For remote working, the seats are comfortable and there are lots of plug sockets too which is a bit of rarity among Valencia cafes.

Bastard Coffee

Av. del Marqués de Sotelo, nº9

Great name, great coffee. This is apparently one of two of these in town, and I can highly rate Bastard Coffee. The staff were friendly and accommodating, and when I mentioned I wanted to work they made sure they found me a spot by a plug socket. There seemed to be a few around, but even so, it was a nice touch that they helped out.

Their lunch menu was excellent too. And the coffee is up there with the best in town… The location is also very good, right across the road from the Estacio de Nord, and on the Plaza de Ayuntamiento. Excellent spot.

Mayan Coffees

There are actually two of these coffee shops, one by Torres del Quart and the other near Pont de Fusta tram stop. I’ve worked in both and they’re very nice spaces, with great coffee. The Torres del Quart shop in particular is a nice spot.

However, they don’t have wifi, so you need to tether if you can. Fine for short bursts of work.

Cafe & Tapas

Plaza de Ayuntamiento 18

Right in the heart of the city’s main square, Cafe & Tapas looks like it would be prime tourist trap territory. But, it’s actually not bad and crucially there are lots of comfy seats and plug sockets inside. I came for a few hours work, but the free wifi only lasted an hour so I ended up tethering to my phone data.

Food wise, the coffee is fairly standard, there is a selection of pintxos and a lot of choice on the menu. I thought it was quite expensive for food, but they didn’t seem to mind me sitting in the corner for a few hours nursing a couple of coffees and tostadas con tomates. Worth checking out…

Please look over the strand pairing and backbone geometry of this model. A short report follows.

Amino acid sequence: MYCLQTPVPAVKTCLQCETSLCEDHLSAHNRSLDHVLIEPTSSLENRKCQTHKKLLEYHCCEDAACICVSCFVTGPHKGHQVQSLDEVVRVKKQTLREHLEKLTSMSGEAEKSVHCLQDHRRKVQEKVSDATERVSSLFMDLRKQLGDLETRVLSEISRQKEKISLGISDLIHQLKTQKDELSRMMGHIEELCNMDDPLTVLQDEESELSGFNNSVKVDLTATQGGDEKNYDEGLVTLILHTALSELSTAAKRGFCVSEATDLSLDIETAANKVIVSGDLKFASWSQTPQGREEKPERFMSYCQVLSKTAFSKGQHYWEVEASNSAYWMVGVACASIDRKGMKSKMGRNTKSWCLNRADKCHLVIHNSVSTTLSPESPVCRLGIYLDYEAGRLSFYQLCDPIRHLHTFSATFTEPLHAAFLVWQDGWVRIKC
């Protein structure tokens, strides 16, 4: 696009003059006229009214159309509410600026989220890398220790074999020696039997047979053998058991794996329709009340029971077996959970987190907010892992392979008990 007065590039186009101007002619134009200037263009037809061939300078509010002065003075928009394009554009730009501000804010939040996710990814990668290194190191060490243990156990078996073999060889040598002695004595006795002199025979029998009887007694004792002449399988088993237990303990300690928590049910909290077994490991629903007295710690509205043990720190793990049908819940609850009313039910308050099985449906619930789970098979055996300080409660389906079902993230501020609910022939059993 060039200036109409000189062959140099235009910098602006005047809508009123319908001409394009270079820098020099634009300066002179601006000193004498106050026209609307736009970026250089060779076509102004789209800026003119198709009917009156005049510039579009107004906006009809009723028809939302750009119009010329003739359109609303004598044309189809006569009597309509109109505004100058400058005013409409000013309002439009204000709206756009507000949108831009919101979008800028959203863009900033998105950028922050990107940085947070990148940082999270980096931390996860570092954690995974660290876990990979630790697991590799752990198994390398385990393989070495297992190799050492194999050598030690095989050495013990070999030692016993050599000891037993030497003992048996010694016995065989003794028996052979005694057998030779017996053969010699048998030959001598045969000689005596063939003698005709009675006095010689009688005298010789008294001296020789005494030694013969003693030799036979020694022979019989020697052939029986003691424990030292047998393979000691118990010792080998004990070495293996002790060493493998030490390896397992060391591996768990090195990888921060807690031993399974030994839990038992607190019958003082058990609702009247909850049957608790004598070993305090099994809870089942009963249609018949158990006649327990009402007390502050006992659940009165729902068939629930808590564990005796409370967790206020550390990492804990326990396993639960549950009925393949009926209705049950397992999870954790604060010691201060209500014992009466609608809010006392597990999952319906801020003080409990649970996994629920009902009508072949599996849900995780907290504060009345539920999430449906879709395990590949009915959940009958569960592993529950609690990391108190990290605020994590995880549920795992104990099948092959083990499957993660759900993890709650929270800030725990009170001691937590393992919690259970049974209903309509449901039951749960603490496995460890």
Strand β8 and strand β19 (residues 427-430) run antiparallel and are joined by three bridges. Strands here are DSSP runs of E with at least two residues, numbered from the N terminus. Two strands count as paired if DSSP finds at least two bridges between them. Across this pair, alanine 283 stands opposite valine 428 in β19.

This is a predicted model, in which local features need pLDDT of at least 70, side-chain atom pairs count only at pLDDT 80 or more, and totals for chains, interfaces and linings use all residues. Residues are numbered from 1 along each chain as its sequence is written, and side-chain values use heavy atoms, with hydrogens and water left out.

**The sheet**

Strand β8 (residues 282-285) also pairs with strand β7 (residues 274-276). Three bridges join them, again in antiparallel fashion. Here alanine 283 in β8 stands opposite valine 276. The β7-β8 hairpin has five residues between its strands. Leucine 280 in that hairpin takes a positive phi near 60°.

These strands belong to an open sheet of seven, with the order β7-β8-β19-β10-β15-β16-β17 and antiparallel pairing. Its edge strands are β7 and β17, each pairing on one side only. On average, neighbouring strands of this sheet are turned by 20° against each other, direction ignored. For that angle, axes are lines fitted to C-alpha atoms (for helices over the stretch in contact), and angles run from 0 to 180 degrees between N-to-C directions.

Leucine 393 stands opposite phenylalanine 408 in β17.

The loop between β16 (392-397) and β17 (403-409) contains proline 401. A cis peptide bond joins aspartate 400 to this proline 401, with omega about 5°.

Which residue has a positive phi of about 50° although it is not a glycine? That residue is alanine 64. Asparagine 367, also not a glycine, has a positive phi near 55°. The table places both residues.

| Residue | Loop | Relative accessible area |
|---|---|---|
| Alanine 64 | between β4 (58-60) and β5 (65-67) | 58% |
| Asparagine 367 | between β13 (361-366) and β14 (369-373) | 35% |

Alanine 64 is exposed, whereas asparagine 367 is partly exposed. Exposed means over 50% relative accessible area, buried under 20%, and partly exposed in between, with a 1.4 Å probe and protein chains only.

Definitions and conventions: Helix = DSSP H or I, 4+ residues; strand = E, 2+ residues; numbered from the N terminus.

digital nomad laptop in a valencia cafe
Image by slimbook from Pixabay

Digital nomads in Valencia

If you’re looking for a great place to hang out and live the digital nomad lifestyle, Valencia is a great option.

Average costs in Valencia, Spain (2019/2020):

  • Coffee: €1.80
  • Beer: €2
  • Patatas bravas tapas: €5
  • Paella for one: €9.50
  • Meal for two with drinks: €25-35
  • Rent in one bed apartment: €500-700 (depending on location)
  • Mobile phone monthly: €10 (Movistar-with 10GB internet)
  • Utilities: €80-120 ish per month
  • Co-working space: €15 a day or €100-150 per month

A side note about co-working spaces in Valencia.

I have been keeping an eye on co-working spaces in Valencia and decided to check a few out. I might write a full review eventually, but here are my thoughts on the first one I went to.

Botanico, near the Botanical Gardens was first on my list. It advertised its day rate as €12, or a full month for €150, both of which are very reasonable. The space is decent, with big tables, fast wifi and a quiet working environment. I think there are spaces for private calls, but I didn’t see them.

However, the €12 didn’t include tax (it ended up being closer to €15) and there was no coffee included, although there is a kettle. However, people seemed friendly enough, with a few other mixed digital nomads amongst the regulars, and the work space itself was not bad. However, I still think using cafes in Valencia means you get access to decent wifi, coffee and food for a reasonable price, meaning I will probably only use their services sparingly.

To be continued…